But are we simply revolving around an ever-repeating cycle, encountering the same moments of freedom, judgment, and joy each year? The truth is that while the structure of time is cyclical, it is also linear. That is, we do pass by these special moments in time each year, but each year it is a new experience – a new opportunity to incorporate the essence of the festival into our lives. The Hebrew word for year is shanah, which means not only “repetition” but also “change.” Hence the Jewish structure of time resembles not a circle but rather an upward moving spiral, one that is progressing toward a goal – the ultimate purpose of Creation – while at the same time passing through key nexus points that infuse our travel with special energies along the way.
And Judaism’s view of time is dynamic. It involves us, its participants, in the process. All Jewish festivals, with the exception of Shabbat, are determined according to a lunar calendar fixed by the people, namely the Jewish High Court (periodically adjusted to coincide with solar year’s seasons). Each month, witnesses would testify to the sighting of the new moon and the Court would proclaim the beginning of a new month, thus determining when the festivals would be celebrated. That is why the Hebrew word for month is chodesh, meaning something “new” or novel. Each month is renewed with the input of mankind. Shabbat as the marker of the Creation of the world is the exception to this rule because it comes in its weekly-appointed time without any input from us. But the rest of the Jewish holidays and festivals are a mutual meeting of G-d with mankind [See Rabbi Samson Raphael Hirsch, Commentary to Shemot/Exodus 12:2].
The mitzvah of sanctifying the new moon transformed the Jewish people from passive passengers through time into the drivers of its spiritual forces. By having a hand in determining when G-d will infuse the calendar with the relevant spiritual energies of the Moadim, we ourselves come to sanctify time. When we state in our blessing of each festival, “Blessed are You, L-rd our G-d, Who sanctifies Israel and the times,” what we are really doing is blessing G-d for giving us the ability to sanctify time [See Talmud Bavli, Berachot 49a].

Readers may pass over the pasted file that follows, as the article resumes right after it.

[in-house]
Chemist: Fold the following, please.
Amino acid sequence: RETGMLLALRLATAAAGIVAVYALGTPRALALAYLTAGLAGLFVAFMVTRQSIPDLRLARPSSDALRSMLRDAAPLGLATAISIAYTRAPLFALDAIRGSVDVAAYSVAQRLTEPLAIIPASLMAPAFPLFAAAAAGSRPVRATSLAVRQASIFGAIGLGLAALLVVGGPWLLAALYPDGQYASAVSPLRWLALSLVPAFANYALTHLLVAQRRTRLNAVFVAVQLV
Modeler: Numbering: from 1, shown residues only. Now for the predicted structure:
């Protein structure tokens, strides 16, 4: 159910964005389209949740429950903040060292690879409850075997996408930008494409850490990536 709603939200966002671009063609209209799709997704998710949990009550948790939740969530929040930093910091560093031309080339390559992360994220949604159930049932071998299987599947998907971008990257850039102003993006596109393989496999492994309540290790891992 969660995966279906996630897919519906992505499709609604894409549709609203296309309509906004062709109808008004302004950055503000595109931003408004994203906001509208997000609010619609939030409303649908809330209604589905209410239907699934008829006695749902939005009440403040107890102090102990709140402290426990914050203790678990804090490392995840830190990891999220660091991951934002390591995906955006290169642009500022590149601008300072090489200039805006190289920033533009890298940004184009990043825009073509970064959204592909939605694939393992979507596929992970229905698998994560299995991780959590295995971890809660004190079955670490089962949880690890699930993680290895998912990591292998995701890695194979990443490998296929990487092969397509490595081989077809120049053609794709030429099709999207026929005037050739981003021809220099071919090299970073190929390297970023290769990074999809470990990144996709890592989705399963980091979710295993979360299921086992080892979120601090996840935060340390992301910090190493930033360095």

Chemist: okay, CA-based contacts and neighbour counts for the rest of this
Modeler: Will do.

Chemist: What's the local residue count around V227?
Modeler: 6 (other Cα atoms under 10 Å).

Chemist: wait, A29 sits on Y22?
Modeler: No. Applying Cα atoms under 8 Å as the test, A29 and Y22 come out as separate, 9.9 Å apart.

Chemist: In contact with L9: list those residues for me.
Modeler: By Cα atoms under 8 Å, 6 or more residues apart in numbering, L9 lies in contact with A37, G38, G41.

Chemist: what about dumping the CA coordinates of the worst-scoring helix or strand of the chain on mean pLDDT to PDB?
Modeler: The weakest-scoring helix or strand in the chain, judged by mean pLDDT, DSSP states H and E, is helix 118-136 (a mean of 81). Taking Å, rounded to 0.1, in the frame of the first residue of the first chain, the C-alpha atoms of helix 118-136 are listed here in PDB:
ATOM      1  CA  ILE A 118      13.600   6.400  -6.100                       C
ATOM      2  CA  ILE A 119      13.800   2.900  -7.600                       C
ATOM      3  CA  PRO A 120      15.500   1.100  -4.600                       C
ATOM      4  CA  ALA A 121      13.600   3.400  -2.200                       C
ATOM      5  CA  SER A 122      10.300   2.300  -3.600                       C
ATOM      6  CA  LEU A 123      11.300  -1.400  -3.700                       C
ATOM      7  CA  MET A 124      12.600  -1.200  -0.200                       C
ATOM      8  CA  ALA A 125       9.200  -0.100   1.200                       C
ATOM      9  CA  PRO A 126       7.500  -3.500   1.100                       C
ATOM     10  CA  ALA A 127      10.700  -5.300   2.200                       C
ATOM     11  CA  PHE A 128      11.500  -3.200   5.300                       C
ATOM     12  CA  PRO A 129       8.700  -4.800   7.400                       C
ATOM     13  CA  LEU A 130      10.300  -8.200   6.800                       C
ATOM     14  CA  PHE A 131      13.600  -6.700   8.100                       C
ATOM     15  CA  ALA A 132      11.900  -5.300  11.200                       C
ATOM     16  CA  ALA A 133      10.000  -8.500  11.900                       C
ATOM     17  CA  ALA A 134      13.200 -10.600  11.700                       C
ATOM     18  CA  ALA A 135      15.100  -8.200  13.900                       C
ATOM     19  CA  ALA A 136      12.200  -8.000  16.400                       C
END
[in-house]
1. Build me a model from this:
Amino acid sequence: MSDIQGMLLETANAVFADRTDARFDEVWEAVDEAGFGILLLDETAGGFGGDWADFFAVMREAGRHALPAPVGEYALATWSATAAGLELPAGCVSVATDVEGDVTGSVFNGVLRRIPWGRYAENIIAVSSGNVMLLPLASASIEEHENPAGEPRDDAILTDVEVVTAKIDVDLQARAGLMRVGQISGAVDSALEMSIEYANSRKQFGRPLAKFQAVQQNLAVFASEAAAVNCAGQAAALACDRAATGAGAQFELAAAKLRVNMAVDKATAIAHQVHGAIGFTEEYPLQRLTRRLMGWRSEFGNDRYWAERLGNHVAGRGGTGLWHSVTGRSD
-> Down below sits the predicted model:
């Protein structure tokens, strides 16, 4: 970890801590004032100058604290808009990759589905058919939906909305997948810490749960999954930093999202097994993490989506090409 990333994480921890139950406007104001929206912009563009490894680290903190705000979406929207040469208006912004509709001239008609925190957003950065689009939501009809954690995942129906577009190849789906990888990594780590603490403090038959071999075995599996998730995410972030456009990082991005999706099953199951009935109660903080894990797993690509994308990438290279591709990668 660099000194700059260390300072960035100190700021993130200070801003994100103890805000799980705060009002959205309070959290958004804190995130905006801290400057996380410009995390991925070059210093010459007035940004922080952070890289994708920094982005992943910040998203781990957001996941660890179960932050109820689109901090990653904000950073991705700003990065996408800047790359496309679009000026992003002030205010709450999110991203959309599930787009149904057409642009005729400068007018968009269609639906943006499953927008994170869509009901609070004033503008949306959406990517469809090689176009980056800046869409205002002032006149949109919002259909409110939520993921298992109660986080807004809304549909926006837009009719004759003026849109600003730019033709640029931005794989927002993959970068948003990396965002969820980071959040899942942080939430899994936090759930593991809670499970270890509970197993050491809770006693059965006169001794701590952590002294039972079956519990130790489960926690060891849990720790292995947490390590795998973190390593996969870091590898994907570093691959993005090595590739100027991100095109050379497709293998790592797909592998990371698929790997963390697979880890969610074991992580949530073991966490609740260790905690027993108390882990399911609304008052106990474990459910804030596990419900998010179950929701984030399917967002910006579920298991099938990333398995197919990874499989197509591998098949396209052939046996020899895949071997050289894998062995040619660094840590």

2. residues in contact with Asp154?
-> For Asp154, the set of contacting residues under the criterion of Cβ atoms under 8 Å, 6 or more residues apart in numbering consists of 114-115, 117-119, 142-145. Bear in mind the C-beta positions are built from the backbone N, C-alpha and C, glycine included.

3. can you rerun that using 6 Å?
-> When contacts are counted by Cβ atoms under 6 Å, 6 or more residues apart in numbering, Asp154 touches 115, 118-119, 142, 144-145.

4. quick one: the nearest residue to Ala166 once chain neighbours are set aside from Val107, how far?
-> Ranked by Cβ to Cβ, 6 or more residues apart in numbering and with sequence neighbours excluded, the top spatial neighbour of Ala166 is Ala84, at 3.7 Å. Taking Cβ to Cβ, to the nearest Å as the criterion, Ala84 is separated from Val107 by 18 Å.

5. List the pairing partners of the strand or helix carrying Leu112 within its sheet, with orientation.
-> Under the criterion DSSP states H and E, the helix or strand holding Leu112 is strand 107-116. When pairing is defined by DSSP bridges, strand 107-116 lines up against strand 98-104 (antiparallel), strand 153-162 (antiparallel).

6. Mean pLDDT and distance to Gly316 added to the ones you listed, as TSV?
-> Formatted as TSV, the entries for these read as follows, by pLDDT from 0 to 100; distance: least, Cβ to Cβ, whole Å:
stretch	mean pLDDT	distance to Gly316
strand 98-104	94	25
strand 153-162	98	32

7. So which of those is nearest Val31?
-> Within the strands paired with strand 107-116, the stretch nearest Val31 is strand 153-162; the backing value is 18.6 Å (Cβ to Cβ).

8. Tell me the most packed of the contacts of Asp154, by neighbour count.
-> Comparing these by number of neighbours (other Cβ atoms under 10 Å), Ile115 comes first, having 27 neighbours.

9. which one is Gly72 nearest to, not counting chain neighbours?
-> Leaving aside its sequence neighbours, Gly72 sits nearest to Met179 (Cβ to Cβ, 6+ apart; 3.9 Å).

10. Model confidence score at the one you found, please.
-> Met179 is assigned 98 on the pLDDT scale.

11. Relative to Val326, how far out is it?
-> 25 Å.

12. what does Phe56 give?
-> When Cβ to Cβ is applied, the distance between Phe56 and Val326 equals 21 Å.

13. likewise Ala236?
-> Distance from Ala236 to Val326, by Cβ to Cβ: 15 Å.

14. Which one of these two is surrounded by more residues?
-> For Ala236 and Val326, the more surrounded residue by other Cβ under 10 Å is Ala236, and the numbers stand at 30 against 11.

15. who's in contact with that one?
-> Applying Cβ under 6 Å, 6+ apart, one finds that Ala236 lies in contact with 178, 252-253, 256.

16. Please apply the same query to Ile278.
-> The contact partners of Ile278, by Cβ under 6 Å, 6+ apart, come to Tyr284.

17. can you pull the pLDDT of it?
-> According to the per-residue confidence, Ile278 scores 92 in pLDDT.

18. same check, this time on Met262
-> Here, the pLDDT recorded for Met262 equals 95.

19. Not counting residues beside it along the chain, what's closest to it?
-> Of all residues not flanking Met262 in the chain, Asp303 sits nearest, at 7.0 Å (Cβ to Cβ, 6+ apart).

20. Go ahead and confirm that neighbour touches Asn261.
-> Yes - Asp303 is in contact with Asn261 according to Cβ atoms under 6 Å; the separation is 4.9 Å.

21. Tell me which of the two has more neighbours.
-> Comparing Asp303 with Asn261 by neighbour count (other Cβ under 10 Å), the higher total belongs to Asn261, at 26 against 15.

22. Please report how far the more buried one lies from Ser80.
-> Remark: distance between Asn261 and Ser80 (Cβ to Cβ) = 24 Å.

Shabbat is the Cornerstone of Jewish Life
As we noted, though, Shabbat is different from the festivals. Its holiness is permanently rooted into the fabric of time by G-d Himself. On the first Shabbat, G-d rested from His work of creating the world. Each Shabbat offers us a sense of that completion. The world is not yet perfect, but Shabbat is me’ein Olam HaBa, a taste of the World to Come. Without the weekly reminder of Shabbat, the cycle of time would spiral out of control, as we would lose sight of the ultimate purpose of Creation. It is our fixed point of holiness. By observing the Sabbath we proclaim that G-d created the universe, gave us the Torah, and is directly involved in guiding the history of the world. Consequently, Shabbat manifests the essence of Judaism and Jewish life.
Harnessing the Energy
We are all familiar with the Jewish holidays and festivals; we’ve been to services on the High Holidays, lit Chanukah menorahs, sat through Passover Seders. But have we tapped into the spiritual energies that manifest themselves at these times? Have we approached the holidays not as anniversaries of historical events but as markers to spiritual realities rooted in time? Have we seen our participation in the rituals surrounding these events as opportunities to sanctify time, to raise the mundane to a new spiritual plane?
The classes presented in the NLE Morasha Series on the Jewish Calendar aim to do just that.
By delving into the classic Jewish sources and the works of great Jewish philosophers throughout the ages, these classes are designed to help us make the most of our seasonal meetings with G-d as we journey along the spiral of time toward the ultimate fulfillment of the purpose of Creation.